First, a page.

In his last letter to shareholders, Amazon founder Jeff Bezos wrote that for the company to avoid death, it must continue to act as if it is day one. “Day Two is stasis,” he opined. “Followed by irrelevance. Followed by excruciating, painful decline. Followed by death. And that is why it is always Day One.” Bezos has slightly less to say about corporation tax, but death is not the only inevitable the internet pioneer appears to have an aversion to.
In March 2012, The Bookseller published an investigation into Amazon’s tax affairs, concluding that the internet giant was limiting the tax it paid on the millions in profit it makes annually from its customers in Europe by charging itself - via a Luxembourg subsidiary - for the use of its own intellectual property. After a lengthy investigation, the European Commission (EC) agreed, concluding that Amazon inflated these payments, enabling the business “to avoid taxation on three-quarters of the profits it made”. It has demanded Amazon repay €250m (plus interest); Amazon says it is “considering its legal options”.
The decision is the second major reversal suffered by the business this year. In January the EC found the use of Most Favoured Nation (MFN) clauses in Amazon’s e-book contracts “may” have violated anti-trust rules.That judgment prompted Amazon to offer new e-book contracts with a commitment that it would not enforce an MFN for five years. At the time, I said the move had come five years too late, and that Amazon’s dominance of the digital reading market was too profound to be dented. I’ve seen little in the past eight months to suggest I was wrong. This latest ruling, though welcome, is little different: Amazon has built dominant positions in many markets in part by using tax loopholes in order to undermine local retailers. The agreement that enabled Amazon to reduce its profits dates back to 2003, when its international businesses had sales of $1bn - they are now at $44bn. To say this horse has bolted is to insult quick-witted equines everywhere. Even Amazon saw the writing on this barn door, altering its tax practices back in 2015.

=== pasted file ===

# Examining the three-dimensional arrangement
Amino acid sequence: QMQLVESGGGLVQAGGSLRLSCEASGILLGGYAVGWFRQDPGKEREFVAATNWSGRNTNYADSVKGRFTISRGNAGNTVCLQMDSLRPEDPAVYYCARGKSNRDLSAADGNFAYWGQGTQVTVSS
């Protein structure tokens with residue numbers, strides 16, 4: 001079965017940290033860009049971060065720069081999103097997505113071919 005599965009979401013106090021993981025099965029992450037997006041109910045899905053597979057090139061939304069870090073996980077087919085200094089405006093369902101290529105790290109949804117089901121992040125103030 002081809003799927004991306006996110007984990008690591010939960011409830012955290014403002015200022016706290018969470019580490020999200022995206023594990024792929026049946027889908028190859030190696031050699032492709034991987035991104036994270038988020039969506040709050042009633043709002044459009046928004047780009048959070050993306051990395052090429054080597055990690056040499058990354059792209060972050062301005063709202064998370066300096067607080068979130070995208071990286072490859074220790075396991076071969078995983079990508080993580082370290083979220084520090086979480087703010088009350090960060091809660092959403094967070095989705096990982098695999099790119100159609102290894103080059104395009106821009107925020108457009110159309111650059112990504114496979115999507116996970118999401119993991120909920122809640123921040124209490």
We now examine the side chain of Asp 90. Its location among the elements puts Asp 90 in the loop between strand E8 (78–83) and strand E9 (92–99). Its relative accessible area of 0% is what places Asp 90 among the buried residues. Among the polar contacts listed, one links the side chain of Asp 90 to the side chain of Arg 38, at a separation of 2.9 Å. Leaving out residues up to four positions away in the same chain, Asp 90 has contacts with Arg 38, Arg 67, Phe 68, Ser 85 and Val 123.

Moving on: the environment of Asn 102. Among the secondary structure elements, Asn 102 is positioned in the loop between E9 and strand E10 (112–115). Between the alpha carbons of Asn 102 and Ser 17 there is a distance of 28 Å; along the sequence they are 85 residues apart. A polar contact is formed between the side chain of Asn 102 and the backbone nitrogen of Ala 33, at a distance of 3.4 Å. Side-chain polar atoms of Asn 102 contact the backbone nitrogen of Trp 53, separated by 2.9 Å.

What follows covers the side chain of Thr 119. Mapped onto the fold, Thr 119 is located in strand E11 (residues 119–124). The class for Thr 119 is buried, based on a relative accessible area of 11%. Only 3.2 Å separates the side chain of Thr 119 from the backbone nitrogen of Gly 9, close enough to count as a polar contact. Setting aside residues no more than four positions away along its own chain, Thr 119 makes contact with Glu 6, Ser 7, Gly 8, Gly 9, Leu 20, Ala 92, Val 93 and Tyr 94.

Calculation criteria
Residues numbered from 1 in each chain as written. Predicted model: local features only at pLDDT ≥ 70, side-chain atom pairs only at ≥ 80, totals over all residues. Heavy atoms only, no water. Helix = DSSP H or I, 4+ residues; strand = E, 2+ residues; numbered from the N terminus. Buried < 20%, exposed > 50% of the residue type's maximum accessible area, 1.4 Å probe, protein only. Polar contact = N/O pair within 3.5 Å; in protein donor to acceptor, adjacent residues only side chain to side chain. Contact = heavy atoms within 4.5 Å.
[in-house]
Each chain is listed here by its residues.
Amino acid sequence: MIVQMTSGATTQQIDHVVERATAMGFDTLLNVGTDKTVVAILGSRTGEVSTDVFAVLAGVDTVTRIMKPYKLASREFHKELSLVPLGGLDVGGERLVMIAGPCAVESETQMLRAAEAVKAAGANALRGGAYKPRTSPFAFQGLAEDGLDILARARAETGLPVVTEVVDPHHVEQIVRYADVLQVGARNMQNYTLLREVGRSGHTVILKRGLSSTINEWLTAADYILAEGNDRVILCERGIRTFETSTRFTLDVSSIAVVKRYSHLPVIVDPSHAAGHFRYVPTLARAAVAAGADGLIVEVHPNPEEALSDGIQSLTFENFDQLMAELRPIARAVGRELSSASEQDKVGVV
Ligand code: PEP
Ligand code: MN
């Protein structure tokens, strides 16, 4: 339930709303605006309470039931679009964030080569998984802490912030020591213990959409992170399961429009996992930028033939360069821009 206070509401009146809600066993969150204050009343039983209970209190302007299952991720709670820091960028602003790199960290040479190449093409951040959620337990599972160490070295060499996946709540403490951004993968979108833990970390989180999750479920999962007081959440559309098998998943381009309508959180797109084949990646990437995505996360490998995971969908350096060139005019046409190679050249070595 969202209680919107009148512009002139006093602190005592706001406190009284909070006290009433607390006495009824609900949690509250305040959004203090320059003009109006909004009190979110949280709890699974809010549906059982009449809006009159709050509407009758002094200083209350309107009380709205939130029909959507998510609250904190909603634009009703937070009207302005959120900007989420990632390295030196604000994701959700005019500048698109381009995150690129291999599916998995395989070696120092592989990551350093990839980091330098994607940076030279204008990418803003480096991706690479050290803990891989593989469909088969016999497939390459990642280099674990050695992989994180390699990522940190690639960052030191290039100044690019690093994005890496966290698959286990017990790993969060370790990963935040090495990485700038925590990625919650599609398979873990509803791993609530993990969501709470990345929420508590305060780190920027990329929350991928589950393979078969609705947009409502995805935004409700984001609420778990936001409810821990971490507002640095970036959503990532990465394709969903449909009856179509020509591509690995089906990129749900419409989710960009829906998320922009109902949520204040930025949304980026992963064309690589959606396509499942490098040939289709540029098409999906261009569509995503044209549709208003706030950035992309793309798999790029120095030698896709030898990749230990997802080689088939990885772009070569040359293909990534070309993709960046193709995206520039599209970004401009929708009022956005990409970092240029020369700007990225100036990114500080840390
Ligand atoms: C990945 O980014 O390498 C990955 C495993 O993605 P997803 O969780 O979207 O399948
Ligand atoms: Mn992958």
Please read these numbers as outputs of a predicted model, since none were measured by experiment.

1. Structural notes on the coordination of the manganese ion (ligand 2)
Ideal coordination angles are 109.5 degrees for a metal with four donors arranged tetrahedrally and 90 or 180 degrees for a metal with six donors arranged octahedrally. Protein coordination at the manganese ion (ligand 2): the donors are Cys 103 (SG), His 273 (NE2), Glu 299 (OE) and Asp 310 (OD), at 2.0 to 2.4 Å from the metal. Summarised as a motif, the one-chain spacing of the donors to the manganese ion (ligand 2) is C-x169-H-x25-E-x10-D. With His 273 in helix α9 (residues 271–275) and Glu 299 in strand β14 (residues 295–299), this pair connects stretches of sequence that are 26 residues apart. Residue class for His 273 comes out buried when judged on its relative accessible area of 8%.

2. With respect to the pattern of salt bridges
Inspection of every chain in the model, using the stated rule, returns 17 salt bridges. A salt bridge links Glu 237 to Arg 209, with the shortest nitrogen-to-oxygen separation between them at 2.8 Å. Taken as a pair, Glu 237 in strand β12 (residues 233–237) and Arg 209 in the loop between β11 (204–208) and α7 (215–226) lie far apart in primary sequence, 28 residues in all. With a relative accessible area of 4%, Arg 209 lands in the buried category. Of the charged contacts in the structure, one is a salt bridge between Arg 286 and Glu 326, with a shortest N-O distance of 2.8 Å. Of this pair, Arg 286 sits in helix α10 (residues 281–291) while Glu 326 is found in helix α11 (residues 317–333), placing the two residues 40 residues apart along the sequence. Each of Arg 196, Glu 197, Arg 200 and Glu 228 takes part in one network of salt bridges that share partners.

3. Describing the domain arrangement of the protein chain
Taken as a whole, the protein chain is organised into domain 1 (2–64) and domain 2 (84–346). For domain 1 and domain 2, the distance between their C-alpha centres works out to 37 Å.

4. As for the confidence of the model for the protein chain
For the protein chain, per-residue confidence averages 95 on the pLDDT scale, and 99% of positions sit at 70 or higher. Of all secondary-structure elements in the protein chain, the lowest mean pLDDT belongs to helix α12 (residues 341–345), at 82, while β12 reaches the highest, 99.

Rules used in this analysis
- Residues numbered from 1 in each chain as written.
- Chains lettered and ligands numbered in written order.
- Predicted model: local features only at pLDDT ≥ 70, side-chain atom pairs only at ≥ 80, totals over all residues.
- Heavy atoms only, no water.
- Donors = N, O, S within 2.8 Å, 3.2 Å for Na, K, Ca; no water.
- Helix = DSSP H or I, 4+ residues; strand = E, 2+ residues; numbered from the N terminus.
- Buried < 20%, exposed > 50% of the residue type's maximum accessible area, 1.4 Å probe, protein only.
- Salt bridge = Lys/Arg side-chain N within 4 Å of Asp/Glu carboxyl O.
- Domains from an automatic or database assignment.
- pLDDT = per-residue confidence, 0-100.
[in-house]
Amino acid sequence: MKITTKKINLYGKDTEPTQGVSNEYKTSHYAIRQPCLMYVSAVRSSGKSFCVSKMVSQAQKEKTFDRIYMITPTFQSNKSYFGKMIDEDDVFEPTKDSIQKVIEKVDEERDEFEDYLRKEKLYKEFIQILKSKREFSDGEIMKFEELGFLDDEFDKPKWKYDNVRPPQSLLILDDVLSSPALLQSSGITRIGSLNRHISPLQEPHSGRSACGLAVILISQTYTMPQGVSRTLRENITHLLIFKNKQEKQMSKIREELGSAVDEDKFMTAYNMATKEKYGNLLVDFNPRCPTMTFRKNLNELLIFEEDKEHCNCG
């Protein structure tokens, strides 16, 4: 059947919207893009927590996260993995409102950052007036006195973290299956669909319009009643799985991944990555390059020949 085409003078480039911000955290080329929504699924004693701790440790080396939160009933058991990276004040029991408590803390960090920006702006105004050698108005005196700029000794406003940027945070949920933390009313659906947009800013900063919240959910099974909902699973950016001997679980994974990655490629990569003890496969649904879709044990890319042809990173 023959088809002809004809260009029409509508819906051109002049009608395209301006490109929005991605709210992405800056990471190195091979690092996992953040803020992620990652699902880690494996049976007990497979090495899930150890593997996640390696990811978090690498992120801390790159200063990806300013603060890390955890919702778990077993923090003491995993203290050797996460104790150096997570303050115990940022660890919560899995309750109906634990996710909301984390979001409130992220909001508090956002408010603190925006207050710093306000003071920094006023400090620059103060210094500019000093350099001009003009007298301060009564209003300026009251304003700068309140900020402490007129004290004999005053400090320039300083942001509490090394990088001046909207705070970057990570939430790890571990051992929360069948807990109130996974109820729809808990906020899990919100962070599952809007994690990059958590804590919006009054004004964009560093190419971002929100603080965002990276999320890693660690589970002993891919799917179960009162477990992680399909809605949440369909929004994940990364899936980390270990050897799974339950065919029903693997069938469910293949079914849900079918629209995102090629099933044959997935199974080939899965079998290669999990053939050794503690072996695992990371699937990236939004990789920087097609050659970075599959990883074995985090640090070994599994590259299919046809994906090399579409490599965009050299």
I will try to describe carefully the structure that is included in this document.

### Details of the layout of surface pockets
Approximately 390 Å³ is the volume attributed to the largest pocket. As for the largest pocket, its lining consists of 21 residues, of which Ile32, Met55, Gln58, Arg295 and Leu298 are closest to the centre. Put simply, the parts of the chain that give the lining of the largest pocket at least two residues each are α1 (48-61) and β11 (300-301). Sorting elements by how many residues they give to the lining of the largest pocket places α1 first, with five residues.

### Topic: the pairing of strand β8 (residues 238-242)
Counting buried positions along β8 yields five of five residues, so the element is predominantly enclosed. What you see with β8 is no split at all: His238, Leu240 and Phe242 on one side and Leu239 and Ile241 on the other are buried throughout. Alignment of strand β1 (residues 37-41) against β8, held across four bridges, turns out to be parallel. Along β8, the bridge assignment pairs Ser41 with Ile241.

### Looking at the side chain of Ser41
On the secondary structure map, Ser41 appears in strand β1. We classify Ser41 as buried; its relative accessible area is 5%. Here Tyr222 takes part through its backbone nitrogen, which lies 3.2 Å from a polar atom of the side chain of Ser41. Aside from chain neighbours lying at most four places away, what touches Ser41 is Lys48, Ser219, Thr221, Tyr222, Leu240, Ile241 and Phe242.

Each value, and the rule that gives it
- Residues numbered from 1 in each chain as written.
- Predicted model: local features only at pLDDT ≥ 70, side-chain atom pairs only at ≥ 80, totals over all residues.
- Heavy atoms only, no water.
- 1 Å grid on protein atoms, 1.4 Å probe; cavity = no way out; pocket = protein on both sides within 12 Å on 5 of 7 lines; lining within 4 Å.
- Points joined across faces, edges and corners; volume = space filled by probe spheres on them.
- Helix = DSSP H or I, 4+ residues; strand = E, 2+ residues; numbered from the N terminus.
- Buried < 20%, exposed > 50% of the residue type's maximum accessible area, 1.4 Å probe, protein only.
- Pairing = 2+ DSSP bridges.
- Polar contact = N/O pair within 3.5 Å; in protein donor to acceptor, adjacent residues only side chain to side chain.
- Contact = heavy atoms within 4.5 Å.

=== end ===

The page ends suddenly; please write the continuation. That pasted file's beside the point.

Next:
Amazon is not the only tech company to take advantage of tax rules that have failed to keep up with globalised economies: Apple, Google and Facebook have faced similar probes. Two weeks ago a report published by the EC found that technology companies paid less than half the tax of bricks-and-mortar businesses. Few companies, though, have run so far on a promise of everyday low prices, subsidised by their own customers.
In his shareholder letter, Bezos says that Amazon should “have the scope and capabilities of a large company and the spirit and heart of a small one”. Yet in achieving the former, Amazon has neglected the latter.
Philip Jones is editor of The Bookseller.